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Afghanistan: Pakistan's Foreign Minister Visits Kabul Amid Violence, Tension

In the past week, about 100 people have been killed in Afghanistan in a series of ambushes, attacks, and factional clashes. Much of the violence has been blamed on the remnants of the Taliban and the Al-Qaeda terrorist network. RFE/RL reports that the violence near the Afghan-Pakistani border is expected to dominate a two-day visit to Kabul by Pakistan's Foreign Minister Mian Khurshid Mahmud Kasuri.

Prague, 21 August 2003 (RFE/RL) -- Pakistani Foreign Minister Mian Khurshid Mahmud Kasuri is visiting Afghanistan today amid a wave of violence and growing instability along the border between the two countries.

Speaking in Islamabad today before leaving for his two-day visit, Kasuri said the government of Pakistan has a "deep interest" in peace with Afghanistan. He also said government officials in both countries have agreed to conduct regular consultations at least once every six months.

Upon his arrival at Kabul airport, Kasuri went straight into talks with Afghan Foreign Minister Abdullah Abdullah. He also was due to meet today with Afghan Transitional Administration Chairman Hamid Karzai, Defense Minister Mohammad Qasim Fahim and former Afghan King Mohammad Zahir Shah.

The visit comes at a time of tense relations between Islamabad and Kabul. Afghan officials say remnants of the Taliban regime have been regrouping in Pakistan's autonomous tribal regions and conducting cross-border raids with increasing frequency into Afghanistan.

Karzai's spokesman Jawed Ludin said the alleged cross-border attacks by suspected Taliban guerrillas will certainly be discussed with Kasuri today. On 18 August, Ludin said Taliban fighters are now routinely crossing from Pakistan into southern Afghanistan to conduct guerrilla-style hit-and-run attacks.

He was speaking a day after hundreds of militants on trucks crossed from Pakistan into Afghanistan's Paktika Province and attacked a local government office in the border town of Barmal, killing at least 22 people and injuring many others.

"In this part of Afghanistan, there are security problems as a result of terrorism," Ludin said. "Terrorism is not only a problem for Afghanistan. It is a problem for the world. Unfortunately, it is still very active in this [border] region [near Pakistan]. They want to threaten the Afghan people. They want to stop the reconstruction process in Afghanistan. They are still there and causing these problems."

Pakistan was a supporter of the Taliban regime in Afghanistan until the 11 September 2001 terrorist attacks. Since then, Pakistani President Pervez Musharraf has joined the U.S.-led antiterrorism coalition. But many Afghan officials charge that Pakistan's intelligence service is still secretly backing the remnants of the Taliban.

Islamabad strongly denies the allegations that it has been providing sanctuary for the Taliban. But it admits there may be some guerrillas based in its territory near the Afghan border.

In the past week, nearly 100 people have been killed in attacks, ambushes, and factional fighting across Afghanistan. The Taliban militia has been blamed for much of the violence, including a series of attacks on Afghan police and government buildings across southern Afghanistan. In just one day last week, 65 people were killed and dozens injured in a series of attacks across the country. Sunday's (17 August) violence raised the death toll to about 90.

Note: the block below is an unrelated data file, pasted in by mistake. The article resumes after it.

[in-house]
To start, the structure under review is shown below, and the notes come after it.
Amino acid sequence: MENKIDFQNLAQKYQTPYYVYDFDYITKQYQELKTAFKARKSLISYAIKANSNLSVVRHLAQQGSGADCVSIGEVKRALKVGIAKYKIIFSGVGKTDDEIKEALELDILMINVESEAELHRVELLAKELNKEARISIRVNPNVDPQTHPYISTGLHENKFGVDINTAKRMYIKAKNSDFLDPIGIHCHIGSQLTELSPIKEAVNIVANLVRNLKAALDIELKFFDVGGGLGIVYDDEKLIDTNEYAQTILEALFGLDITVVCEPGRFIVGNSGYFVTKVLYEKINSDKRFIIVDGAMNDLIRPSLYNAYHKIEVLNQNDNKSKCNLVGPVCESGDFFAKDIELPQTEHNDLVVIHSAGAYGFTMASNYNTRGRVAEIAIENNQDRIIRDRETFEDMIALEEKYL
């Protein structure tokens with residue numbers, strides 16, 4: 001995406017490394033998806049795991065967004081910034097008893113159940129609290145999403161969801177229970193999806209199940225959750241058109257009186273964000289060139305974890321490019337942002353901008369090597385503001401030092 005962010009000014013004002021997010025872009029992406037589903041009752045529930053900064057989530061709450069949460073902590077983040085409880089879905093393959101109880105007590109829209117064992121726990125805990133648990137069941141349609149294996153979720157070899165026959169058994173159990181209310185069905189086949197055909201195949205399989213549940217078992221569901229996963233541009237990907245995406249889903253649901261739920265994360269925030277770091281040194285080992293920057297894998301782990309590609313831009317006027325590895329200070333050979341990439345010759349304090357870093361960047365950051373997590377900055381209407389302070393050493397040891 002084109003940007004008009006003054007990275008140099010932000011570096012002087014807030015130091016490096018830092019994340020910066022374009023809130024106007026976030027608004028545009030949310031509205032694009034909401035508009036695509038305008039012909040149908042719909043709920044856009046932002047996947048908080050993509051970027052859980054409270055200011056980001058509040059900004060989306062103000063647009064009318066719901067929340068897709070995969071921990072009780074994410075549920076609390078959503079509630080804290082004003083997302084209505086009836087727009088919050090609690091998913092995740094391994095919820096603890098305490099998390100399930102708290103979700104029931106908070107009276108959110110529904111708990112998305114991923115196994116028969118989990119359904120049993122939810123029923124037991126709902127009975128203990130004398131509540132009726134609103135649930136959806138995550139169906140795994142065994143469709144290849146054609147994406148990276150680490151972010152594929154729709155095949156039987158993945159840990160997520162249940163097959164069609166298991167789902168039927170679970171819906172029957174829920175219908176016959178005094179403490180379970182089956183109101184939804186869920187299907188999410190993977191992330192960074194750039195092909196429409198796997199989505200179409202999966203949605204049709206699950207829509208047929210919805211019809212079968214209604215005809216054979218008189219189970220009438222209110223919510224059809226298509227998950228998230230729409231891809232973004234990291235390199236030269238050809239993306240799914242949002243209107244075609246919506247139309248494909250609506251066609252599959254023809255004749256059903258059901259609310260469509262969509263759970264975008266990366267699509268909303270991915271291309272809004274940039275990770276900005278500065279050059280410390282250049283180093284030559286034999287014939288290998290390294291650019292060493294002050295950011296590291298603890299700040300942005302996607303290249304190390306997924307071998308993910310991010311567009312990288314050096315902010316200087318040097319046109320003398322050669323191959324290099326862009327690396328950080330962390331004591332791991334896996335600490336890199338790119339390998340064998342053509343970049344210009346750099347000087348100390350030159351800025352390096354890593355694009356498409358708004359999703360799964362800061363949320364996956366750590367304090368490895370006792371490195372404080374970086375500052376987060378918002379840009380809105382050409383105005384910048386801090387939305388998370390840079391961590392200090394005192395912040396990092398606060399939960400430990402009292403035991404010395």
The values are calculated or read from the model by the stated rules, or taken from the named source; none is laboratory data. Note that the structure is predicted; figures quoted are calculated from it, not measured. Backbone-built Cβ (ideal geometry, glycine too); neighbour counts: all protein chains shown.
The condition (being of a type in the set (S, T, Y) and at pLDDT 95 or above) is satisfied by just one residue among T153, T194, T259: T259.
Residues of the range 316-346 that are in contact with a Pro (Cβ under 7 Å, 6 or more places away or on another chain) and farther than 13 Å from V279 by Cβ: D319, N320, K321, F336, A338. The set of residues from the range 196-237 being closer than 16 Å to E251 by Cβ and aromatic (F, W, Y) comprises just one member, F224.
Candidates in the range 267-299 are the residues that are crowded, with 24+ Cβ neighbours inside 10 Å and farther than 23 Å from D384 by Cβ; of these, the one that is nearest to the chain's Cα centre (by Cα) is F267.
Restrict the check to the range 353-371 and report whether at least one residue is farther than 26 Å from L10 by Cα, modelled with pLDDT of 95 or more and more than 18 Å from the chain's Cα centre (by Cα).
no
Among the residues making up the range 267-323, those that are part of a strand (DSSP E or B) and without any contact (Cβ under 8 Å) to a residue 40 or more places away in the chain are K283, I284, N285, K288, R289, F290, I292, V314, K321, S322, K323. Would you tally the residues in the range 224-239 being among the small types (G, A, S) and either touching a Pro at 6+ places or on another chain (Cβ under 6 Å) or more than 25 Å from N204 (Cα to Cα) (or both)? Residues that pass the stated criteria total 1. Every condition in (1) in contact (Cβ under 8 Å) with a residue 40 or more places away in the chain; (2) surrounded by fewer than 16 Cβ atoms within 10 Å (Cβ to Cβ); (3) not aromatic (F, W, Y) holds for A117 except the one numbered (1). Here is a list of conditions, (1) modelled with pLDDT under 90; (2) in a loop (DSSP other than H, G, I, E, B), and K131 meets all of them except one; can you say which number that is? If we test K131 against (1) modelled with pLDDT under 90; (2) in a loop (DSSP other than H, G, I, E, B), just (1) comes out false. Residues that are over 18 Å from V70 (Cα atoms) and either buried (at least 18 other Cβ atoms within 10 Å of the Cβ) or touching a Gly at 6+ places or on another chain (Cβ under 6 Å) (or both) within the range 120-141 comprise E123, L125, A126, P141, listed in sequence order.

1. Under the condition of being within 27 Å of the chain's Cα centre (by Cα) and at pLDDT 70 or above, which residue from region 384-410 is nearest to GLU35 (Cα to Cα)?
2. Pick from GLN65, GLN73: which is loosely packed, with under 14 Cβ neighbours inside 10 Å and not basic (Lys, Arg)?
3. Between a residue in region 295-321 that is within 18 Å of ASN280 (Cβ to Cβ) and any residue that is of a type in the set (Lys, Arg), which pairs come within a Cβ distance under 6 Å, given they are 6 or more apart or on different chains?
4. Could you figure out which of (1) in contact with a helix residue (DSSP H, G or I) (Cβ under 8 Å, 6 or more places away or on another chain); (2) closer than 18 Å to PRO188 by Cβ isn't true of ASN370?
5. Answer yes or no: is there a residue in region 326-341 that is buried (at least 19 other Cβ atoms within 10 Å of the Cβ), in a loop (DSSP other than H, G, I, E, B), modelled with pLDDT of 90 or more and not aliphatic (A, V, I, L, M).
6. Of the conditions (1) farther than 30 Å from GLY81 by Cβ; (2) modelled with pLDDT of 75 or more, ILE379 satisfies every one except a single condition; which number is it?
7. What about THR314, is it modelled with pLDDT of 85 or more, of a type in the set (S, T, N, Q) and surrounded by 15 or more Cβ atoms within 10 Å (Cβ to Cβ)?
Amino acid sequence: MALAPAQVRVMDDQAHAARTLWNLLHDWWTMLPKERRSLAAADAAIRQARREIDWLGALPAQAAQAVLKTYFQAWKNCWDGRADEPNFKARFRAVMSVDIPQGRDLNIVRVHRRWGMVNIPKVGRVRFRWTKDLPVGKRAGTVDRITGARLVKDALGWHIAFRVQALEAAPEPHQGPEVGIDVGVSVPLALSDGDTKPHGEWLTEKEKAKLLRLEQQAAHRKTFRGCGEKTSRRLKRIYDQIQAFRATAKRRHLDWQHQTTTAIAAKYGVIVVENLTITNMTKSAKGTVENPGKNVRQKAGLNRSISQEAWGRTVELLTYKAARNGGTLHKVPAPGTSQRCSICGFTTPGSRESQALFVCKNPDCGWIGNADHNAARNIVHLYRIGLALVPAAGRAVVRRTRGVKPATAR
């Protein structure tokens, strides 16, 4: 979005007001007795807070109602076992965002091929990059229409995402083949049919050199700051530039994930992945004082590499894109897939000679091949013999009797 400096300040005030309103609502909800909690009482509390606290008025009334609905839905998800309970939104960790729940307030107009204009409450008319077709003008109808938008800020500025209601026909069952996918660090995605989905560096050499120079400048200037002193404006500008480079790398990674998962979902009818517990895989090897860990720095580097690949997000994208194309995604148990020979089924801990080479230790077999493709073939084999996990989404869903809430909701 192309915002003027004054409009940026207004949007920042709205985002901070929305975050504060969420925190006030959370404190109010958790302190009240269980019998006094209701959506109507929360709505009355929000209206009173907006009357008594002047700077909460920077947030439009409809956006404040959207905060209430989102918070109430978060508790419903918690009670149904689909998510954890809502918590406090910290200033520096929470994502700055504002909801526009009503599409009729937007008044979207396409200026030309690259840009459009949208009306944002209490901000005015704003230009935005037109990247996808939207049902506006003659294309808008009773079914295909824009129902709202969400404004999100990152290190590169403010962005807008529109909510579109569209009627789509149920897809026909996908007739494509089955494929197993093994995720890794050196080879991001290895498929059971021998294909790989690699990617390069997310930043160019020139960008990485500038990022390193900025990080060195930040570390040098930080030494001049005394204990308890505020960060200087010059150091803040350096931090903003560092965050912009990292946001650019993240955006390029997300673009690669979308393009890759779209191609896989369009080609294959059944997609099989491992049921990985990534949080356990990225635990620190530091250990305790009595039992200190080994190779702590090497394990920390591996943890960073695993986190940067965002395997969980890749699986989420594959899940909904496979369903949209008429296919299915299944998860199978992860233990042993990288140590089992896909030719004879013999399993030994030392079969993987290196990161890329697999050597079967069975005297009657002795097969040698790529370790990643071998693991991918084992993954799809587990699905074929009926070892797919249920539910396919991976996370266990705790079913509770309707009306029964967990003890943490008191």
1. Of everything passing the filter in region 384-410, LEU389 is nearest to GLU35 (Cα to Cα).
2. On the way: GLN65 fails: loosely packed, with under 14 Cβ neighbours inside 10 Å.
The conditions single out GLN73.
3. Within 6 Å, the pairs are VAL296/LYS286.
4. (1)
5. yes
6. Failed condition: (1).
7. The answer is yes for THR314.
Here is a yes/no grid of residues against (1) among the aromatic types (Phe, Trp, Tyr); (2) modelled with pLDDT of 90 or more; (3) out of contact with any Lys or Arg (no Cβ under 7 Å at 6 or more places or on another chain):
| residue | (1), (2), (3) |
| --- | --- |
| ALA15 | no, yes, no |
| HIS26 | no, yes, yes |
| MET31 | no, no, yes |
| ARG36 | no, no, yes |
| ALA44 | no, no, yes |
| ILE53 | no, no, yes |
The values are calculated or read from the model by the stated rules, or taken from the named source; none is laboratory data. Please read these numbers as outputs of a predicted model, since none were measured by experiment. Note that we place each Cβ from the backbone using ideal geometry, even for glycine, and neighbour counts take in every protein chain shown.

According to Logar Province military commander Fazlullah Mujadadi, militants also ambushed and killed nine Afghan police on 18 August while they were investigating a rocket attack about 100 kilometers southwest of Kabul that had killed two people.

Concerns about the violence were fueled further on 19 August as Afghanistan celebrated its national Independence Day when an explosion rocked the house of Karzai's brother, Ahmad Wali Karzai, in the southern Afghan city of Kandahar.

Nobody was killed in that blast, and the Afghan leader's brother later told RFE/RL that the explosion was caused by careless house staff who were removing weapons and munitions from the house. "This was not sabotage," he said. "This was just an accident. In the corner of our house there is a small room that had weapons and ammunition. When I learned about these weapons, I told [house staff] to carry it out to the military depot. And when they were carrying it, something fell and detonated."

For their part, Pakistani officials have expressed anger about separate border incidents in the tribal district of Mohmand. Pro-government Afghan militiamen reportedly have been firing on Pakistani troops that have been setting up border posts in their first-ever deployment into that autonomous tribal area. Cross-border firing during the past two months has occurred repeatedly in a disputed border area where troops from the two countries use conflicting maps.

In July, a mob of Afghans protesting against alleged border violations by Pakistani troops attacked Pakistan's Embassy in Kabul.

An unnamed official from Islamabad's Foreign Ministry told the French news agency AFP today that Kasuri will be reiterating Pakistan's desire for more concerted efforts against terrorism in both countries. That official said trade and economic cooperation also are on the agenda of Kasuri's visit.